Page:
Publishing clinical trials in medical journals can help doctors and scientists rise through the ranks of the research hierarchy. While most play the publication game fairly, some cheat. Whereas all misconduct undermines the public’s trust in science – such as the recent retracted paper about gay canvassers – health research scandals put the health of millions of patients around the world in jeopardy.
Professionals and patients depend on results from systematic reviews of clinical trials, which evaluate all the evidence on a particular issue, to know whether or not treatments are safe and effective. However, those of us who coordinate the preparation of Cochrane systematic reviews of treatments for seriously injured patients believe that these types of reviews can no longer be entirely trusted because of research misconduct and publication bias. An argument we recently made in the BMJ.
Most medical journal editors and systematic reviewers take clinical trial reports at face value with little or no effort to confirm whether a particular trial even took place. A Cochrane systematic review showing that the infusion of high-dose sugar solution prevents death after head injury, for example, was later retracted after our review editors were unable to confirm that any of the included trials took place.
As part of the investigation, the London School of Hygiene & Tropical Medicine editors contacted the editor of the journal that published one of the doubtful trials. His response? That there had been doubts about the data but that doubts were different from concluding that it was fabricated.
Similarly, the conclusions of a review of starch infusions in critically ill patients changed substantially after excluding seven entirely fabricated trials by Joachim Boldt.
Investigating fraud is hard work, and it is easier for journal editors to ignore the problem and perpetuate the myth that peer review of trial reports ensures their scientific quality. But how can systematic reviews claim to provide “trusted evidence” when all evidence is taken on trust?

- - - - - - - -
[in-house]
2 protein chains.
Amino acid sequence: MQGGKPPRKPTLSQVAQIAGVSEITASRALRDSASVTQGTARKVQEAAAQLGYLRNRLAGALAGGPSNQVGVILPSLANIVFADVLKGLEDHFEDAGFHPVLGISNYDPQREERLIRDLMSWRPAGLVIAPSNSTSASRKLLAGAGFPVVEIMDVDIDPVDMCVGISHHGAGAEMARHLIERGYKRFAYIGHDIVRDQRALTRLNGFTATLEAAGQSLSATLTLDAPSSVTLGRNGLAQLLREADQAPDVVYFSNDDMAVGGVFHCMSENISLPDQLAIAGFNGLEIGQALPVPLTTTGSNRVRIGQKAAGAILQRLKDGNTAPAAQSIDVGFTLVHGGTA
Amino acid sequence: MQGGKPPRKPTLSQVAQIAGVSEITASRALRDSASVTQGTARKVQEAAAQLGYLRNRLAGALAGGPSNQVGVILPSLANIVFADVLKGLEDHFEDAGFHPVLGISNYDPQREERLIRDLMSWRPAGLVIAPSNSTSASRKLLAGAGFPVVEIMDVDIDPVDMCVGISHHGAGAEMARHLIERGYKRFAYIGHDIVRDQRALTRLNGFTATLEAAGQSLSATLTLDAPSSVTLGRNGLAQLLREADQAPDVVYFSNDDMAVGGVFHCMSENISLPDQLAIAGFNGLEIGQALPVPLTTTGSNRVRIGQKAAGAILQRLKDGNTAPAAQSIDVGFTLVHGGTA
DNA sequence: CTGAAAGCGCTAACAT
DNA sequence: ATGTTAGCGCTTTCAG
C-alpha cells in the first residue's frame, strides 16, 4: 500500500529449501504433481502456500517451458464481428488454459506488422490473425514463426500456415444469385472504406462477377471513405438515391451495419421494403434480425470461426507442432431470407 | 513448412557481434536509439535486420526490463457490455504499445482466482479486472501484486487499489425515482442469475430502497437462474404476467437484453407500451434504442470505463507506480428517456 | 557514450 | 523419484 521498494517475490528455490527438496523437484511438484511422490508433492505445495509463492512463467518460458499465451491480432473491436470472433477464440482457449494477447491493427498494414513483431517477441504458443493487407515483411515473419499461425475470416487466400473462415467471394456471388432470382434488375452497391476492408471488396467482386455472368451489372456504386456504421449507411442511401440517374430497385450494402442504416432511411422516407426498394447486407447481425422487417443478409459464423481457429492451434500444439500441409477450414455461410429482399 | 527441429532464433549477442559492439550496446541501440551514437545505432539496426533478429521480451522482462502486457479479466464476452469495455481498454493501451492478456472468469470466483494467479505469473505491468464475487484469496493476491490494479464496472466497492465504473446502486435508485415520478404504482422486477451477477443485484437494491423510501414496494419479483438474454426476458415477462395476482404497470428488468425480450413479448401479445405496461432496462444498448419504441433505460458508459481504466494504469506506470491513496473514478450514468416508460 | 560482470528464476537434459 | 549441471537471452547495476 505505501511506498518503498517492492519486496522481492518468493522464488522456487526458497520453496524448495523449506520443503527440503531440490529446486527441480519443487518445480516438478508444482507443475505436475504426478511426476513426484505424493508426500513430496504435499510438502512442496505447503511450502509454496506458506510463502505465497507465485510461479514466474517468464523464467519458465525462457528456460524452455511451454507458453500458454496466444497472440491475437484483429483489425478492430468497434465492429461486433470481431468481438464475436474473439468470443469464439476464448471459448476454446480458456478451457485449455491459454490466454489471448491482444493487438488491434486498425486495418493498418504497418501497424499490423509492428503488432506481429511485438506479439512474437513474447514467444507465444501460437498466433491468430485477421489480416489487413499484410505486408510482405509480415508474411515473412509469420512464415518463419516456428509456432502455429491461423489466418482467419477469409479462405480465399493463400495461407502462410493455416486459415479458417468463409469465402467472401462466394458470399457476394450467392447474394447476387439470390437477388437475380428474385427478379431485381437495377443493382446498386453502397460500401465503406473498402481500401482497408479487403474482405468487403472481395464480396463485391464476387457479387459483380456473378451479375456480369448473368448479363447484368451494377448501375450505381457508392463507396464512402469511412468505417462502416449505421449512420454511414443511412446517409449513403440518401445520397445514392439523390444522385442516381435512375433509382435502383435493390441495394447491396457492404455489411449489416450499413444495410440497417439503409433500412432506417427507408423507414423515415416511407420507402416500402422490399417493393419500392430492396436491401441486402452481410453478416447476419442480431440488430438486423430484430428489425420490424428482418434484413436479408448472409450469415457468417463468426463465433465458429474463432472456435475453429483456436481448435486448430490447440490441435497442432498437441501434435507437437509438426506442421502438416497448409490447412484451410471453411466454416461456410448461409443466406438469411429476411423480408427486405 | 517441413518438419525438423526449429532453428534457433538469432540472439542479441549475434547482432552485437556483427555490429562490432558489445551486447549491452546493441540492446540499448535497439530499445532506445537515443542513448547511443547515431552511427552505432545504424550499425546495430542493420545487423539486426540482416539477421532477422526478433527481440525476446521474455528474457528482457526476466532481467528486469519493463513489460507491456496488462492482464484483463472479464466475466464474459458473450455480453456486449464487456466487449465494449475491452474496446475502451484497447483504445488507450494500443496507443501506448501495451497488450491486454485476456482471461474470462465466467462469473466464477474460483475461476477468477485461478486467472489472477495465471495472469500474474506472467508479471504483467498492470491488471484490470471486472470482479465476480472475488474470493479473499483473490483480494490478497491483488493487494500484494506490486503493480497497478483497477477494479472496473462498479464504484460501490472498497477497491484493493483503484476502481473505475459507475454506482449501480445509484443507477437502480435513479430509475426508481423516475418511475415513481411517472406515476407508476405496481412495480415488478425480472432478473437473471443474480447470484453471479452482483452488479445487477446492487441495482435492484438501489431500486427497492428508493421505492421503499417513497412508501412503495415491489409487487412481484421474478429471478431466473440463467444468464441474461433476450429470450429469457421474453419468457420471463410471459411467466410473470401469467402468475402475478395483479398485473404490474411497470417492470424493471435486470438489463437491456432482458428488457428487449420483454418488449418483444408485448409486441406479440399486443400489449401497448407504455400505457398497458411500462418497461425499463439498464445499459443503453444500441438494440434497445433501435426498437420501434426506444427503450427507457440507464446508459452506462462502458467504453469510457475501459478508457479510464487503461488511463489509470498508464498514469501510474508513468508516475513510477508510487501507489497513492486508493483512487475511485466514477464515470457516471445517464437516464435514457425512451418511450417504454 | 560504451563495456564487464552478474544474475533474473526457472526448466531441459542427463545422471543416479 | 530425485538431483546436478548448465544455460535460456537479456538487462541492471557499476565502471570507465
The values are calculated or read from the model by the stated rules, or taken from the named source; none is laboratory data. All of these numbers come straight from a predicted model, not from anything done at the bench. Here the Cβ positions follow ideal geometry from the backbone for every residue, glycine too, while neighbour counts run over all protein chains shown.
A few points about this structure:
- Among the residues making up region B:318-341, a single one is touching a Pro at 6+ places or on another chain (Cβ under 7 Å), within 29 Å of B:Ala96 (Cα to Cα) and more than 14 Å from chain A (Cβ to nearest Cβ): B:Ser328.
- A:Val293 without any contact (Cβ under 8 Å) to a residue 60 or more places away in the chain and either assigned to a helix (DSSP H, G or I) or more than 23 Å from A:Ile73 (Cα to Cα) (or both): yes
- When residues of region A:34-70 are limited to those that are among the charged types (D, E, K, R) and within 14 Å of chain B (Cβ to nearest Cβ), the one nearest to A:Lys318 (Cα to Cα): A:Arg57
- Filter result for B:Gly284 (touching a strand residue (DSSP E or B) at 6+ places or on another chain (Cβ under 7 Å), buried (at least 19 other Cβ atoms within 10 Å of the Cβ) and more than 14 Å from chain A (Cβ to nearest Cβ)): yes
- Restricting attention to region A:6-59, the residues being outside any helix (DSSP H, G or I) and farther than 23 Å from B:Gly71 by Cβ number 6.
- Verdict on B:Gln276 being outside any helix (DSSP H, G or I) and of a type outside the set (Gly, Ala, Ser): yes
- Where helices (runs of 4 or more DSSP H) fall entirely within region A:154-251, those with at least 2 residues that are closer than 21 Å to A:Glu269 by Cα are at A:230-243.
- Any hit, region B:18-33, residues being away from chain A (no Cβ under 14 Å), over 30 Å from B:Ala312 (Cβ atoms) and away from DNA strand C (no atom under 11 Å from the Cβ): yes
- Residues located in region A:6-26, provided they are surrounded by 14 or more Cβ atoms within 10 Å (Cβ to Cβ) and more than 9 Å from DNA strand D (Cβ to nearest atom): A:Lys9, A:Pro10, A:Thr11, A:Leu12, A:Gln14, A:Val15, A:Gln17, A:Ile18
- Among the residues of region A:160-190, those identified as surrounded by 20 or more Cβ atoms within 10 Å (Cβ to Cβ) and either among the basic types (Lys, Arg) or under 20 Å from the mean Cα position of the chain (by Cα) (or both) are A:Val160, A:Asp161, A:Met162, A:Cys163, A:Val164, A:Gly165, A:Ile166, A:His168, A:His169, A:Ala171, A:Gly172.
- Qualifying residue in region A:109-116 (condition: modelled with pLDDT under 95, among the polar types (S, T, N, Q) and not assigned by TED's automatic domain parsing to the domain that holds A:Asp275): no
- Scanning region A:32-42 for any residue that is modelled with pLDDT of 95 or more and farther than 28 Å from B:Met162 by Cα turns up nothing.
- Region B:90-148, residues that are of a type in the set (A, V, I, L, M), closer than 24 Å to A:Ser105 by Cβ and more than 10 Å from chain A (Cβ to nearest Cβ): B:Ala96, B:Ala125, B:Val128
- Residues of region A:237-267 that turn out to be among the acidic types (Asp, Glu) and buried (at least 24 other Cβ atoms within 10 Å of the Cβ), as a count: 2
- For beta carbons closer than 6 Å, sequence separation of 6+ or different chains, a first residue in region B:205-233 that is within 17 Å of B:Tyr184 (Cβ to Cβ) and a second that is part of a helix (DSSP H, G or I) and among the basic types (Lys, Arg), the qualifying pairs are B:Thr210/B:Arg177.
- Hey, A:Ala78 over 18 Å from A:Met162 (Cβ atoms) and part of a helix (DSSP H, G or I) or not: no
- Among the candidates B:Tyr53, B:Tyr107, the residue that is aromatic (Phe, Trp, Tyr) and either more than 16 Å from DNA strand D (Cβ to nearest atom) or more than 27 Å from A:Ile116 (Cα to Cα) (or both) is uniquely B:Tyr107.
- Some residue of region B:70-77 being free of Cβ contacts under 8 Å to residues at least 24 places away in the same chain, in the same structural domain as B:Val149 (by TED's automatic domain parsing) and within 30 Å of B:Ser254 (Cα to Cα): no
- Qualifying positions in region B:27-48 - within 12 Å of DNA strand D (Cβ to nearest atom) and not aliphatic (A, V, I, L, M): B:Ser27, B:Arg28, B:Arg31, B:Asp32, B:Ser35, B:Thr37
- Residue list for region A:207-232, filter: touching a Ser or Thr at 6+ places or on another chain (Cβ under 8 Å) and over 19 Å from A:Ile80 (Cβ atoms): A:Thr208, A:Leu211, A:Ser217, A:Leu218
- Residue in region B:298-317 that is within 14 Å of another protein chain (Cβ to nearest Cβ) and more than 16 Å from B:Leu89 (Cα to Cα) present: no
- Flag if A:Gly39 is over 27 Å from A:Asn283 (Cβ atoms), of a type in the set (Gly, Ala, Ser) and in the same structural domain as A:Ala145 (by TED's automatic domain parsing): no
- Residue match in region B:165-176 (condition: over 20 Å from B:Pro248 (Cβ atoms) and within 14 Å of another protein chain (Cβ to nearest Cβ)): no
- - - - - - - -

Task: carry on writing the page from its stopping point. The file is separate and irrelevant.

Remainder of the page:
Bias in reviews
The second major problem is that the medical literature contains a biased sample of clinical trials. Clinical trials showing that a particular treatment is effective are much more likely to be published than those showing no benefit or harm.
As a result, systematic reviews based on published research are biased – they emphasise the positive and eliminate the negative. Despite decades of exhortation about trial publication, around half of all clinical trials remain unpublished – and so even the most diligent efforts to synthesise the results from all relevant clinical trials are in vain.
Cherry picking the data. Cherries by Shutterstock
Even when trials are published – information on side effects is often neglected from published reports. Clinical trial information is too important to depend on the publication game – after all, patients’ lives depend on it. Reviews of research evidence should be based on the actual trial data obtained from compulsory clinical trial registers. These registers would specify in advance the information that is to be collected in the trial – and when the trial was completed they would provide the actual raw data. Providing all the information collected would avoid the bias associated with publishing only some of the findings.
The public need to know what the trial found rather than a given doctor’s spin on the results – usually designed to make results look more interesting or newsworthy.
However, medical journals and publishers of systematic reviews have no incentive to change. They make good money putting a sophisticated gloss on whatever research manuscripts are available to them. When fraud scandals break they throw up their arms in horror but there is no structural change.
Although clinical trial research is heavily regulated, fabricated research is completely immune to this regulation since all it requires is a doctor who has lost the plot and has access to a computer. There is no shortage of medical journals who will publish – and with no questions asked. Progress will only be made when the general public becomes involved.
Accurate health research information is a public good that is as important as safe clean drinking water. We need a health research information system that delivers pure research information that is untainted by the career interests of scientists or the commercial interests of publishers.